Now, only the products that have passed the analysis prescribed by the Food Sanitation Law of April 1987 issued by the Japan Food Additives Association can be labeled as "suitable for kansui and used safely as a food additive. In the past, less quality products such as industrial caustic soda, sodium silicate, and washing soda were used as raw materials for water treatment resulting in a big problem.

The effect of kansui on wheat flour

When kansui is added to wheat flour, proteins(gluten)increase its stretch and spreadability resulting into a taste thick and smooth. This is because gluten has the property of converging when it encounters inorganic and alkaline substances.

To compare the effects of salt and water on the flour, if water is added to the flour noodles will be elastic but with no firmness. On the other hand if salt is added, the stiffness becomes stronger but noodles will not be elastic. Otherwise with kansui noodles will have both ashi (stretch) and koshi (firmness) (as their features. For this reason ramen noodle have a unique consistence.

In addition, the flavonoid dyes present in the flour meet the alkalinity of the kansui and develop a pale yellow color. (However, in order to make Sapporo Ramen look more delicious, the color is adjusted with vitamin B2). Furthermore, this reaction brings also to noodles their peculiar flavor.

Now you can understand how kansui has created a perfect combination for Sapporo Ramen taste and flavor resulting is a must-have ingredient for ramen noodles.

Kansui vocabulary ~ What does "Baumé scale" mean?

The concentration of various liquids is generally measured with the "Baumé scale". In this pair of hydrometer scales, one scale measures the density of liquids heavier than water and the other, liquids lighter than water. A Baumé hydrometer indicates as 0 Baumé a point that coincides with the water surface when placed in pure water (15 ° C). When placed in a 10% saline solution (15 ° C) it indicates 10 Baumé, resulting divided into 10 equal parts with same interval. However, if the Baumé hydrometer is put inside a solution with 10% of kansui, it will not reach 10 degrees like the 10% saline solution. That because the nature of the solid melted is different.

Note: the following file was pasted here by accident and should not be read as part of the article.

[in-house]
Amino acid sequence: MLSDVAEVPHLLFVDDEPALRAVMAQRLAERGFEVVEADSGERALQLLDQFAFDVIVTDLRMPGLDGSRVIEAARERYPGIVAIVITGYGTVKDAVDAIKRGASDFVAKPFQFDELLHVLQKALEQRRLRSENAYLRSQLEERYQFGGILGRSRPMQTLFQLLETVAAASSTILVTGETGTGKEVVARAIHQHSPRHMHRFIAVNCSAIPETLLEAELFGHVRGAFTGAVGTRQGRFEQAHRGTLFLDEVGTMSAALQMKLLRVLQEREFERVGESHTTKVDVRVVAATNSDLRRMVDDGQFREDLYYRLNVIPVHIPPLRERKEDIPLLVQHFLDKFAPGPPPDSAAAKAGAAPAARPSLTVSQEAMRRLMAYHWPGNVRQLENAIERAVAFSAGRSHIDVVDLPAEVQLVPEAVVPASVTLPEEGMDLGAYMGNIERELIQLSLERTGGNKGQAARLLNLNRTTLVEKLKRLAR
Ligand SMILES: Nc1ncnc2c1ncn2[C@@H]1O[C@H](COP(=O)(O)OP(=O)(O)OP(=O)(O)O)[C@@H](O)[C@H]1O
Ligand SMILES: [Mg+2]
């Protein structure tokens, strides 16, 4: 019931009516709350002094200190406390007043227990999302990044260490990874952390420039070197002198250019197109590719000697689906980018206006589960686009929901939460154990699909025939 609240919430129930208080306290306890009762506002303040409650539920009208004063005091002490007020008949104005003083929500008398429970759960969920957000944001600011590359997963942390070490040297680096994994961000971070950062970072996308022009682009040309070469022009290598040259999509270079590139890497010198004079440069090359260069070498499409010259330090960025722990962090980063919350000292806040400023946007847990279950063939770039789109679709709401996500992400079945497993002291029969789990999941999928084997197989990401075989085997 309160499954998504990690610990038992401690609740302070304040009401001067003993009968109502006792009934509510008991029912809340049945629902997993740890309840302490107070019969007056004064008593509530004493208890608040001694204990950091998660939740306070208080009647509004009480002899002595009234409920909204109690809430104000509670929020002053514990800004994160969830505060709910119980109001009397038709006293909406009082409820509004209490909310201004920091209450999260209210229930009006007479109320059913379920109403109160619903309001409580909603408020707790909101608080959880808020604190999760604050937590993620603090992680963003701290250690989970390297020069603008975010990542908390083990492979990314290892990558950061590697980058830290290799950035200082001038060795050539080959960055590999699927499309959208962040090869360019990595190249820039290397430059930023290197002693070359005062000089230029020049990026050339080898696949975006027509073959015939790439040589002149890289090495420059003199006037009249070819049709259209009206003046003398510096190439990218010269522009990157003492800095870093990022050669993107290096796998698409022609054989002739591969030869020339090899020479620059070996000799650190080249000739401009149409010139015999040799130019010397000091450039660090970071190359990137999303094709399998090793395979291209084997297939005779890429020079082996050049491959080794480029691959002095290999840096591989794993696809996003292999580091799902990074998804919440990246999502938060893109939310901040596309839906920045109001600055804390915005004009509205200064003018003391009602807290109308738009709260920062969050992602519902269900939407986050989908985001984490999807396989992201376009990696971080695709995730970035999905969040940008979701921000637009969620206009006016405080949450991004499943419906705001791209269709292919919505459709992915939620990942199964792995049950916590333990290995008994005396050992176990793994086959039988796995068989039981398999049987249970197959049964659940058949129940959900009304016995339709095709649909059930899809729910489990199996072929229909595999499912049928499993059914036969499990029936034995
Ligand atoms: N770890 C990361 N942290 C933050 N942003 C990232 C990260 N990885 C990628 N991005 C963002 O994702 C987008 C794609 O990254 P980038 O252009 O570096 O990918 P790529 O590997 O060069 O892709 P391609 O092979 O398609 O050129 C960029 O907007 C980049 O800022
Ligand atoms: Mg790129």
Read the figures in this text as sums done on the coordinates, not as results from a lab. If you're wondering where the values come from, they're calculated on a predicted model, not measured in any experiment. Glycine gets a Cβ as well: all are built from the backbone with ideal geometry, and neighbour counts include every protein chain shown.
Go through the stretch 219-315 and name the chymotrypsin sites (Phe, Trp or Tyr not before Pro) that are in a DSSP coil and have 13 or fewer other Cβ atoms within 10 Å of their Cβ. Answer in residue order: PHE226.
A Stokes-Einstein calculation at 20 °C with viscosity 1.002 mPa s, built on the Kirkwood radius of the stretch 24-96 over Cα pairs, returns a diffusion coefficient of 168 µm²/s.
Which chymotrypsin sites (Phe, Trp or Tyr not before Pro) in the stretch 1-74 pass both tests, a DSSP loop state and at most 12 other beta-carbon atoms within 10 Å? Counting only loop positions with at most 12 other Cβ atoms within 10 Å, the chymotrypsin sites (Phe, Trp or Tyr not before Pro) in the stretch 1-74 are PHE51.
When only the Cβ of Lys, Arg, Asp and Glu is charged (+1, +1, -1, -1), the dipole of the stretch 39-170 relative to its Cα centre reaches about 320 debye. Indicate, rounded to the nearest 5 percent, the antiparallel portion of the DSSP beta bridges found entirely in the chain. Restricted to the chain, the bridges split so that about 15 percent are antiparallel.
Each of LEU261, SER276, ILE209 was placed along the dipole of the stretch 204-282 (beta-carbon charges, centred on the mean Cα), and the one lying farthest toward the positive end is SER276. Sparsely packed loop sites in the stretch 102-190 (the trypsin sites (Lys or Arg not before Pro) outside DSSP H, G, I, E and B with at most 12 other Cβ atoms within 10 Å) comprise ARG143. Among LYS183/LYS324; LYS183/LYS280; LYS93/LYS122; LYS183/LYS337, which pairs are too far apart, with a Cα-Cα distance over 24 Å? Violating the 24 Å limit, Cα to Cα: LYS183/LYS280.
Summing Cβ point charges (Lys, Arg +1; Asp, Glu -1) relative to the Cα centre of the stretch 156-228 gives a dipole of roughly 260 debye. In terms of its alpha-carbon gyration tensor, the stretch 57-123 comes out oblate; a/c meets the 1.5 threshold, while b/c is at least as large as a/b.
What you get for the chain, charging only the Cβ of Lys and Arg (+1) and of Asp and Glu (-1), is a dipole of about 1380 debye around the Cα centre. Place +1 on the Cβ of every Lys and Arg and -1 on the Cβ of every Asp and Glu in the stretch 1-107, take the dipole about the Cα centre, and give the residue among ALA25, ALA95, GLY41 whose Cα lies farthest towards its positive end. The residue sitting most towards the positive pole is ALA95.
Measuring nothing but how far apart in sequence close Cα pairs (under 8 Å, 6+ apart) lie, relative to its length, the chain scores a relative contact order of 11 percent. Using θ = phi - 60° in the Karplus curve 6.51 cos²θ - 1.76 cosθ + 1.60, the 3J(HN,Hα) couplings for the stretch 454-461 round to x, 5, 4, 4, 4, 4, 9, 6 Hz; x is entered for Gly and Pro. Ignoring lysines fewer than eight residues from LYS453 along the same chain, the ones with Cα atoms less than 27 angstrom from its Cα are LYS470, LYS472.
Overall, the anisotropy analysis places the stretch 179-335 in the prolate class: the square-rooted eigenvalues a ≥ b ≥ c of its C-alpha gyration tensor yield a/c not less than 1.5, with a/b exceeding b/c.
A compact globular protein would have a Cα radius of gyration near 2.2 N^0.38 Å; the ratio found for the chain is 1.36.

Baumé hydrometer

Source: Yokoyama Foods Co., Ltd.14-chome, Heiwa-dori, Shiroishi-ku, Sapporo City 4th No. 1



The big reason why Sapporo Ramen is delicious is that it uses only high quality water coming directly from the snow of mount Teine near Sapporo. We can say that where there is good water then a good ramen is produced. Kitakata Ramen that uses water from the snow of Mount Iide, or Sano Ramen made with water Izuruhara Benten pond (one of the 100 best waters in Japan) are good examples.

Water must be the 35% of the raw wheat at the beginning of noodles making process. This shows how important is the role of water.
Water can be supplied directly from the ground but in some case it is necessary to meet the quality standard of Water Supply Act. In addition PH, alkalinity and hardness must be measured as well.

PH indicates hydrogen ion concentration, and it is a representation in numbers of acidity and alkalinity. Generally, it is said that slightly neutral alkaline level is good in the preparation of ramen noodles.

Alkalinity refers to the content of alkaline substances contained in water. The alkaline substance melt Ca and Mg when passing through rocks containing limestone or carbon dioxide gas dissolved in rainwater, or generated by respiration of organisms in the soil, and release it into water. In noodle making, it is desirable that a low alkalinity, generally 20 ppm or less is good.

Hardness is a numerical measure of the amount of magnesium and calcium ions dissolved into water, and it is one of the important criteria for referring to water quality under the names of "soft water" and "hard water". When making ramen, "hard water" with high alkalinity is considered unsuitable, while "soft water" is thought to be good.

Despite further explanations are avoided here, good water is an extremely important element in the preparation of ramen. For this reason water is often treated when used to make ramen in Honshu.

Note: ppm indicates parts per million 1 ppm is 0.001g / 1000g

TOP of Useful Infomations

©Nishiyama seimen Co., Ltd.